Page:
What Makes “Aromatic” White Wines?

If all wines have aroma, doesn’t that mean all wines are aromatic? Technically yes, but a select few wines (mostly white) possess an unreal floral and/or fruity aroma. These wines have the potential to send you back in time to snacking on orange candies or getting a noseful of fresh roses. They’re the aromatic white wines. 

In this post, I’ll break down the different types of aromatic wines, how they got their name, pairing recommendations and serving tips!

A bottle of white wine being poured into a wine glass.

What are aromatic white wines?

Aromatic white wines are wines that have an aromatic compound that is found both naturally in flowers and grapes. Some grapes have more than others, giving them a powerful floral and citrus aroma. This compound is known as terpenes, or more specifically, the sub-group known as monoterpenes. 

These wines have very citrusy aromas like lime, lemon, orange, or grapefruit and floral aromas like roses and orange blossoms. 

Depending on the wine, aromatic white wines can be made at any sweetness level, and they tend to do well as semi-sweet or off-dry wines, like Riesling and Gewürztraminer. There are a few exceptions, such as Albariño and Sauvignon Blanc, which are generally always made bone-dry.

Craving more on how sugar in wine works? Read about that here.

While undoubtedly powerful, these wines are delicate and can easily be overworked. Winemakers take precautions to preserve these elegant fragrances through stainless steel fermenting, little-to-no new oak aging, cold-fermenting, or extra lees contact. 

A glass of white wine next to a sunflower.

Types of aromatic white wines

Depending on your source (or how nerdy you want to get), there are anywhere from 10-15 commonly found aromatic white wines. Here’s a quick breakdown:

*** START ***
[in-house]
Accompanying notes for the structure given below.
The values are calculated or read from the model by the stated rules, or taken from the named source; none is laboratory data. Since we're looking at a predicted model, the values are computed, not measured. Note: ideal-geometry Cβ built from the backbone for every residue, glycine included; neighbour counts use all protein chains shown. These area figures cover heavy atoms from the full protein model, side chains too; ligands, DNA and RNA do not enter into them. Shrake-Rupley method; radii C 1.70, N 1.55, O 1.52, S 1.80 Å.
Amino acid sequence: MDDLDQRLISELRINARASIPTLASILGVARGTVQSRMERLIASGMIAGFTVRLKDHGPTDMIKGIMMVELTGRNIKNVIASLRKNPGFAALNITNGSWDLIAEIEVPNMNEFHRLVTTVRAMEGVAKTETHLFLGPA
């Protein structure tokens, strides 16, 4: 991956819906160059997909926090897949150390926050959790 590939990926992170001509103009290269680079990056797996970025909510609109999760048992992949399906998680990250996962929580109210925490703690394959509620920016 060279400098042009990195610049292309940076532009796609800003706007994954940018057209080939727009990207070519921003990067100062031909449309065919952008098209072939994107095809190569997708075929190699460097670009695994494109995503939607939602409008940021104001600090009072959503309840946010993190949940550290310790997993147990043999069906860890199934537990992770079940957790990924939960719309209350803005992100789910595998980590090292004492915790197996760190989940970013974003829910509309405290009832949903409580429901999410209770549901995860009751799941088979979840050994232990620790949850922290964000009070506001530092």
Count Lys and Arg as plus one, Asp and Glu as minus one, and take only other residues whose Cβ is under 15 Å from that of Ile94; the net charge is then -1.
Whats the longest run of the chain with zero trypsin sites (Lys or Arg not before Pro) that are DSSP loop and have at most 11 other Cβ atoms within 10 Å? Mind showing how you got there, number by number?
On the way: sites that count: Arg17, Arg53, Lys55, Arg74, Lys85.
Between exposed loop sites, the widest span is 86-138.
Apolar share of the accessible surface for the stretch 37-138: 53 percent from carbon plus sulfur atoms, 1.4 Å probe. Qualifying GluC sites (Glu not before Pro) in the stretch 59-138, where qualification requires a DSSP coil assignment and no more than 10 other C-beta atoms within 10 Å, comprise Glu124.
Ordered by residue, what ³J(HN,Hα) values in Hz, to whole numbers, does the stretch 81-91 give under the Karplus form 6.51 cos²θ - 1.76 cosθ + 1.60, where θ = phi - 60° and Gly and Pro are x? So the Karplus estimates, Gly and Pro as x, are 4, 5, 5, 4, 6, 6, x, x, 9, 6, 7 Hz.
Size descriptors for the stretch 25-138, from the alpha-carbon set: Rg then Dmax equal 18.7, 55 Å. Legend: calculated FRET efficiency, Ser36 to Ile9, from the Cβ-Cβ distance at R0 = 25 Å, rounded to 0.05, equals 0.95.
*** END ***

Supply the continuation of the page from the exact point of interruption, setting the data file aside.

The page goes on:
Gewürztraminer: Rose, lychee, peach

Riesling: Lime, honey, green apple

Sauvignon Blanc: Grass, lime, lemon

Viognier: Peach, honeysuckle, apricots

Muscat: Orange, grapefruit, orange blossom

Torrontés: Rose, lemon zest, peach

Albariño: Lime, grapefruit

Müller-Thurgau: Rose, peach, pear

Pinot Gris: Lime, lemon, melon, peaches

Two glasses of wine next to a bundle of flowers and a bottle of white wine.

Tips for serving

Aromatic white wines can be served similarly to most white wines, chilled at around 45°-50°F. That said, I personally prefer certain fragrant wines at a slightly warmer temperature. This allows the wine to “open” and reveal more fragrance and flavor.

I tend to pour my glass straight from the fridge, then let it sit for five minutes or so, and that usually does the trick.

Food pairing

Aromatic wines are some of the most fun wines to pair because they’re a bit of a rulebreaker. They’re often paired best with your more “unconventional” cuisines, like Thai, Indian, or sushi, and are paired more based on the sauce and flavor components than the protein.

If the dish is spicy or heavily seasoned, it should be paired with a semi-sweet wine to balance and enhance the food. On the other hand, if the dish has a lot of acid, it should be paired with a wine with more acid. That way, the wine doesn’t get lost in the shuffle. 

Here are a few of my personal favorite aromatic white wine and food pairings:

  • Off-dry Riesling & pad prik king (spicy Thai curry)
  • Pinot Gris & sushi
  • Chenin Blanc & shrimp scampi
  • Albariño & oysters
  • Grüner Veltliner & butter chicken
  • Sauvignon Blanc & green curry
What makes a “non-aromatic” white wine?

A “non-aromatic” white wine has fewer terpenes and, therefore, a less delicate flavor and aroma. Chardonnay and Grenache Blanc are good examples since they tend to have a stronger flavor profile than most white wines.

A full glass of white wine outside.
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